Post hole digger FAQ

Why can’t you just dig a hole with a shovel?

A. Post holes need to be absolutely vertical. This prevents water from trickling down underneath the set post, freezing and heaving your post and concrete (and the rest of your structure) out of the ground, or at least off-level.

A post hole digger also only removes the amount of dirt that needs to be removed. A shovel creates a wide ditch that could certainly get to the correct depth, but it moves a lot of earth to do so. Post hole machines are more targeted and retain the stability of the supporting earth by removing only as much as you need to remove.

Is there a recommended technique for using a manual post hole digger?

A. Yes. 

  • Bring your hands together as you thrust the blades into the ground. This opens the clamshell blades. 
  • As you bring the blades down, hold both handles together. This prevents smashed knuckles.
  • Separate your hands wide to grab dirt.
  • Move the dirt out of the way, and close your hands again to reset.
  • Rotate the blades 90 degrees in one direction, and repeat the process. This helps avoid any stubborn roots or rocks and loosens the dirt so you can remove more at one time.

Depending on your soil, it may take a few passes to get the hole started. Be patient, and don’t forget to rotate the blade each time you bring it down into the hole.

What’s the best post hole digger to buy?

Top post hole digger

Landworks Earth Auger

Landworks Earth Auger

What you need to know: The powerful battery on this electric option digs to the required depth quickly.

What you’ll love: It comes with three different bit sizes. It rotates in two directions at 300 revolutions per minute. Operation is quiet, and the whole unit weighs 22 pounds. You can dig 30-60 holes on one charge. It comes with one rechargeable lithium-ion battery.

What you should consider: Consider buying a spare battery for big jobs.

Where to buy: Sold by Amazon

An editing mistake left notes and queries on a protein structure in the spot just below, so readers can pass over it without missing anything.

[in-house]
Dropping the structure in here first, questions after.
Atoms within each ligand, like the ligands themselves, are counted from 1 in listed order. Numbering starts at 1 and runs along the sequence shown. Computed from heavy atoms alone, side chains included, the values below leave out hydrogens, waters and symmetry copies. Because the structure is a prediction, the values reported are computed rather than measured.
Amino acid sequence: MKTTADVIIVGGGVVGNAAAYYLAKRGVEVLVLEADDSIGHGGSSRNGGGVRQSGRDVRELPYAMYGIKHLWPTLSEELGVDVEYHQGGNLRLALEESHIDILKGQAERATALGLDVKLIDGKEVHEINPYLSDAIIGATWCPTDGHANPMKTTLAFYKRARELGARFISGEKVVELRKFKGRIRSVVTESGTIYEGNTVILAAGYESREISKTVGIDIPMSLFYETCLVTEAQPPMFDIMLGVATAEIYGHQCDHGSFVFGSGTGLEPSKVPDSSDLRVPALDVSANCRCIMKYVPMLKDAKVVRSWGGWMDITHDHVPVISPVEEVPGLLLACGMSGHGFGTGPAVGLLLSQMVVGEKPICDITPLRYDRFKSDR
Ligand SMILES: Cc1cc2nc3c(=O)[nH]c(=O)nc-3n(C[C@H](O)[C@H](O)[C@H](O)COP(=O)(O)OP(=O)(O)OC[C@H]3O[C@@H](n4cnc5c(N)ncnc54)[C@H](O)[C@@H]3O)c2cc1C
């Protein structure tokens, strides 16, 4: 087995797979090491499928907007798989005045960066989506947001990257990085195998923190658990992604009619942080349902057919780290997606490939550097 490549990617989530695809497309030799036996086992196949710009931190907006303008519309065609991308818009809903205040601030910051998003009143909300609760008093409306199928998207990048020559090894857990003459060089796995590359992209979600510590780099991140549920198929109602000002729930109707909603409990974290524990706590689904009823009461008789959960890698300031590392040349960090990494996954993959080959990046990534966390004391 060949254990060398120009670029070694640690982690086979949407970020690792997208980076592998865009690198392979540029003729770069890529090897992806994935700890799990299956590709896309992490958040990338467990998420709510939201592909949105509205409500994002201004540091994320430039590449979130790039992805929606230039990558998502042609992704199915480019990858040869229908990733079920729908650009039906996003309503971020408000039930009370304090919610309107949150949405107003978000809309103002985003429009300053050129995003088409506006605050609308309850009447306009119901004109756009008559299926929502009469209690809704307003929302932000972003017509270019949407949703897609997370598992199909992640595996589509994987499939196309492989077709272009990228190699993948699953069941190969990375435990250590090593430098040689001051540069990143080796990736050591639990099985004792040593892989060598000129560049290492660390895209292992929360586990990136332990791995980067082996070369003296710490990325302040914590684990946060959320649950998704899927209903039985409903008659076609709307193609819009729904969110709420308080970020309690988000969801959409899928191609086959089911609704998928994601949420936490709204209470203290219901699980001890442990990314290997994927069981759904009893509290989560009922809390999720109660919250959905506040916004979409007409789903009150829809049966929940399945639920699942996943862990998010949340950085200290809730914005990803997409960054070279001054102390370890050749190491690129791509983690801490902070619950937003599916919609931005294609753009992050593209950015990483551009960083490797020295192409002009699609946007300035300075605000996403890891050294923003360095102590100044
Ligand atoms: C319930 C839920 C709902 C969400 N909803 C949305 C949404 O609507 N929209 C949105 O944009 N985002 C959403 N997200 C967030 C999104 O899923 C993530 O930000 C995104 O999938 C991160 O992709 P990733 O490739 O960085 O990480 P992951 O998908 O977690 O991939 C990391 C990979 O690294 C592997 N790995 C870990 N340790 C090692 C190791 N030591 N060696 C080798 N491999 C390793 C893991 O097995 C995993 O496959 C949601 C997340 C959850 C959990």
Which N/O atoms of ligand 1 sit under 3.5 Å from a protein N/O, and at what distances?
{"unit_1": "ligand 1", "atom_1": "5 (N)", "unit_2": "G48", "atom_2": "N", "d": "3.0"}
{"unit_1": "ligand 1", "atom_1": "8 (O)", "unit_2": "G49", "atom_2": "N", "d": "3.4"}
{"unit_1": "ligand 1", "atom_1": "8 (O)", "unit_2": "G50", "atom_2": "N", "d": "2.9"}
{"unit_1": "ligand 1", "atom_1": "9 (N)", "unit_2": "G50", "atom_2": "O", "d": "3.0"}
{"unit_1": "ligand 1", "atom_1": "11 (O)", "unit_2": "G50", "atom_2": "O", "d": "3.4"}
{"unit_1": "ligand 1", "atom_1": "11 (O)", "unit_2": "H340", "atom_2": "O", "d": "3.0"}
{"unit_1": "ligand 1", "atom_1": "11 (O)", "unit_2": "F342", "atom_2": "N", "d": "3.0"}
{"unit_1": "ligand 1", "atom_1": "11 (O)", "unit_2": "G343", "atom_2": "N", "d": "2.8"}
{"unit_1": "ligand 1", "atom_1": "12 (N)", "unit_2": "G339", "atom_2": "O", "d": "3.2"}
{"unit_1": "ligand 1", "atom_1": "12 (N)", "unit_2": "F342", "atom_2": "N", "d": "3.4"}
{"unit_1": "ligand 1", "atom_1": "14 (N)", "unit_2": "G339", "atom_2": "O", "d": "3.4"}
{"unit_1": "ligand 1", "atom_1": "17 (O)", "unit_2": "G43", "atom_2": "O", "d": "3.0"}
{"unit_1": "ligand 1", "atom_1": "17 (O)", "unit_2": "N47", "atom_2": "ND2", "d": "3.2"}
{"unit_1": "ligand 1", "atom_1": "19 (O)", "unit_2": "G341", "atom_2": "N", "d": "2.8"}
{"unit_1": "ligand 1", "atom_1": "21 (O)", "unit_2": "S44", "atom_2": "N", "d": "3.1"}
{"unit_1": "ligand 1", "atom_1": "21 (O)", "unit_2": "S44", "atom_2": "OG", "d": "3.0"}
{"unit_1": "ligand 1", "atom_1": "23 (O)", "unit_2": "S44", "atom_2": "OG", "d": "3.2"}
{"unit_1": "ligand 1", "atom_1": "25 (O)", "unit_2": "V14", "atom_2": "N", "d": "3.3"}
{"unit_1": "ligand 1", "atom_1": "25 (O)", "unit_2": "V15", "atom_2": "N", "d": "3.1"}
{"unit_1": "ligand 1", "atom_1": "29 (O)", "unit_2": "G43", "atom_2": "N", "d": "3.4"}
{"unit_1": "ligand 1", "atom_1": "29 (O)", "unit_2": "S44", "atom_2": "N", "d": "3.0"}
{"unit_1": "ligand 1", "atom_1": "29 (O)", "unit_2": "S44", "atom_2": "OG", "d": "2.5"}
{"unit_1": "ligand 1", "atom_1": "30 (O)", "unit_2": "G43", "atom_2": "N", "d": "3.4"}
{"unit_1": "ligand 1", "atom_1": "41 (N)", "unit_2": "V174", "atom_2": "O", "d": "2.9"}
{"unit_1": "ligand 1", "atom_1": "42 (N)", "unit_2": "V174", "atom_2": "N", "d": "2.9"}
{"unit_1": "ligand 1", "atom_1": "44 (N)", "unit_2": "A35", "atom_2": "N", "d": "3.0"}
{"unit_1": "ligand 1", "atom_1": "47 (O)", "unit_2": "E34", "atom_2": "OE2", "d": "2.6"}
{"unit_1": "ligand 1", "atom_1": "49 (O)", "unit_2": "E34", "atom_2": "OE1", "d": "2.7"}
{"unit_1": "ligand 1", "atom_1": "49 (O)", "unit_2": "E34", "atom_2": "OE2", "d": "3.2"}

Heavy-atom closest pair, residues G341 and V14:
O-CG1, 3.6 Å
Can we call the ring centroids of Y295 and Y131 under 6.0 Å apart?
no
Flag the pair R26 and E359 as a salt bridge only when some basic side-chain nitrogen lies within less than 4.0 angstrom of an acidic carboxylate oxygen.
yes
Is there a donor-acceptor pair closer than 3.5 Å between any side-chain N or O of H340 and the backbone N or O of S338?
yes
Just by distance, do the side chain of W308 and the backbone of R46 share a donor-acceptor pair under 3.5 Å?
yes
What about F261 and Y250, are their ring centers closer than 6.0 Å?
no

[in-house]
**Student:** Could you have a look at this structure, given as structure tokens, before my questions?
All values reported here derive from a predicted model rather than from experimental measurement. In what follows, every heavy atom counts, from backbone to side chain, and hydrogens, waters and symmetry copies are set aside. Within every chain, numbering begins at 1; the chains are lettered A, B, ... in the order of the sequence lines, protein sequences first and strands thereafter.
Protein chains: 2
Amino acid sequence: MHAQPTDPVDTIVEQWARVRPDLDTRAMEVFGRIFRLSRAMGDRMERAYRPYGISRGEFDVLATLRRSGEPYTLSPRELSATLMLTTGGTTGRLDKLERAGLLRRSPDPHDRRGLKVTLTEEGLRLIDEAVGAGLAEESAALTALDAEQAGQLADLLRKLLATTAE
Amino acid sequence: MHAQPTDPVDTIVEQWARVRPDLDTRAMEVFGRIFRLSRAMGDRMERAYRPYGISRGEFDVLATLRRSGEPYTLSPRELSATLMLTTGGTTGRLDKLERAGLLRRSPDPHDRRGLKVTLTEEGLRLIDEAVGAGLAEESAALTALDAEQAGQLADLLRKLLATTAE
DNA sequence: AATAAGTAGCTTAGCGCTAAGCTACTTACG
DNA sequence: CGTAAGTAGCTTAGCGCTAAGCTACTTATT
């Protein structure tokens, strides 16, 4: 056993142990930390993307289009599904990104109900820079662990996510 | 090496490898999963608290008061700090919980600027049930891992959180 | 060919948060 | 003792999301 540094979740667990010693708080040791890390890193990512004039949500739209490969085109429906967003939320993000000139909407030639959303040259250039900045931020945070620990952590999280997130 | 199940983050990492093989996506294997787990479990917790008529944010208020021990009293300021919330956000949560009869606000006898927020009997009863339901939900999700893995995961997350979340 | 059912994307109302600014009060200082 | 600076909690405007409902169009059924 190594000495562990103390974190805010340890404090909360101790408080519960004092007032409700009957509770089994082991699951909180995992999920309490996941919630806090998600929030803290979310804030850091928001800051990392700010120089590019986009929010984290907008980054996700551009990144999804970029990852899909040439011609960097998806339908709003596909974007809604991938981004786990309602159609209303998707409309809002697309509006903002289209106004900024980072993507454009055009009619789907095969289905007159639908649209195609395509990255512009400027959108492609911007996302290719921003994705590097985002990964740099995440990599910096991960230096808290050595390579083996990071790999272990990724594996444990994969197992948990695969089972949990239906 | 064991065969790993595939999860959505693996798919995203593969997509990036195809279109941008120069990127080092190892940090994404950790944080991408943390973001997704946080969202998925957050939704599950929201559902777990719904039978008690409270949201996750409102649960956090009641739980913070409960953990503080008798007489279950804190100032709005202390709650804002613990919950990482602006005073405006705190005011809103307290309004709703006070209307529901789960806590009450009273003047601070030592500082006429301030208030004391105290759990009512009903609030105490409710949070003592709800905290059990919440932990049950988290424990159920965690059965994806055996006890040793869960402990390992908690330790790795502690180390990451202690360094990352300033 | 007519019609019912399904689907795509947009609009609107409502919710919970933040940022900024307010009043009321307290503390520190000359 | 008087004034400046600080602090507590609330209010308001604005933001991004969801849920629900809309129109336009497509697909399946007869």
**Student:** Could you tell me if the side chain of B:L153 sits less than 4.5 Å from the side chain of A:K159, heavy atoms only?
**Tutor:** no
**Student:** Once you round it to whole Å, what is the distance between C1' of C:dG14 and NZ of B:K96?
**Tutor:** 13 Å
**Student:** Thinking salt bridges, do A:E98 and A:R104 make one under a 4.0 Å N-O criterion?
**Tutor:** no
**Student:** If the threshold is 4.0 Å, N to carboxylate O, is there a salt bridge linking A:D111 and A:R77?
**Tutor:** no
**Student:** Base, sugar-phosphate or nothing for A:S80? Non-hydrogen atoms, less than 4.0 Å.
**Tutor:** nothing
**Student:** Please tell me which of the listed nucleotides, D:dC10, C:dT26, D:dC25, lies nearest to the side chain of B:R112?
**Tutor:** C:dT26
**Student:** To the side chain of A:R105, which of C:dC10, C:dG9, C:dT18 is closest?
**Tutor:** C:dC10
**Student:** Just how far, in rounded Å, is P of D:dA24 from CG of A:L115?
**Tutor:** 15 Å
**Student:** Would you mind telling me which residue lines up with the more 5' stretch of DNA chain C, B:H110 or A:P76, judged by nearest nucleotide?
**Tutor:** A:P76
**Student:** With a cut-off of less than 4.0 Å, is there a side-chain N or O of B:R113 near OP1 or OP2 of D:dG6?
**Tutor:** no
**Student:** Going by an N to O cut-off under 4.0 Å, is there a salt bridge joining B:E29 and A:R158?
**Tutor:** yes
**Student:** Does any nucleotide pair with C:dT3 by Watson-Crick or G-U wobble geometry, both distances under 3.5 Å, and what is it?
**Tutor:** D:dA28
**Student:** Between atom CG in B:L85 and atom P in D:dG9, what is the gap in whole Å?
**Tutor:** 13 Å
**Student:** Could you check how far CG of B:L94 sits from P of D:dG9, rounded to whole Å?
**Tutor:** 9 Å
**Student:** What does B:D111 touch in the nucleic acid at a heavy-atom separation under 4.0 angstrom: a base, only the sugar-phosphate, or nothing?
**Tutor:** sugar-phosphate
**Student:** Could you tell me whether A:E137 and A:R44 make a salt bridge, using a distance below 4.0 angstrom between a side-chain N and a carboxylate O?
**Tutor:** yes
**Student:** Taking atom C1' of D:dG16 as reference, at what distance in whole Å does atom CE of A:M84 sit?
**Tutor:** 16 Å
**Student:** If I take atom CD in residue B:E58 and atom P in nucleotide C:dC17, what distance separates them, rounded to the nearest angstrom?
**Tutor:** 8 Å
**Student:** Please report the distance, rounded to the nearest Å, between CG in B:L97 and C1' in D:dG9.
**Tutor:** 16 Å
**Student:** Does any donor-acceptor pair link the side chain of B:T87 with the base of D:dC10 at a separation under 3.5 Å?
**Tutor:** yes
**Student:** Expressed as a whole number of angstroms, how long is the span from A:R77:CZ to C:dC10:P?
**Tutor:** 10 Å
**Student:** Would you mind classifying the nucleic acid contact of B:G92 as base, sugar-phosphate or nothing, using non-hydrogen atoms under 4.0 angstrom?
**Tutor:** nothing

Top post hole digger for the money

Ames Post Hole Digger

Ames Post Hole Digger

What you need to know: When money is tight and you have to dig some holes, this is a great choice.

What you’ll love: The 48-inch hardwood handle has a padded grip for comfort during use and measurements etched in so you know when you’ve met your mark. The steel blades open to 6.25 inches.

What you should consider: The blades aren’t welded, so they may come loose after repeated use.

Where to buy: Sold by Amazon

Worth checking out

Tazz Earth Auger Post Hole Digger

Tazz Earth Auger/Post Hole Digger

What you need to know: This post hole digger is gas-powered for off-grid building.

What you’ll love: It’s capable of digging through tough ground and has shock-absorbing handles for comfortable use. The gas tank is easy to see through so you know when you’ll need more, and it meets strict standards for environmentally friendly operation. The 8-inch blade digs up to 36-inch post holes.

What you should consider: There’s a steep learning curve with this one; it can be challenging for beginners.

Where to buy: Sold by Amazon and Home Depot

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Suzannah Kolbeck writes for BestReviews. BestReviews has helped millions of consumers simplify their purchasing decisions, saving them time and money.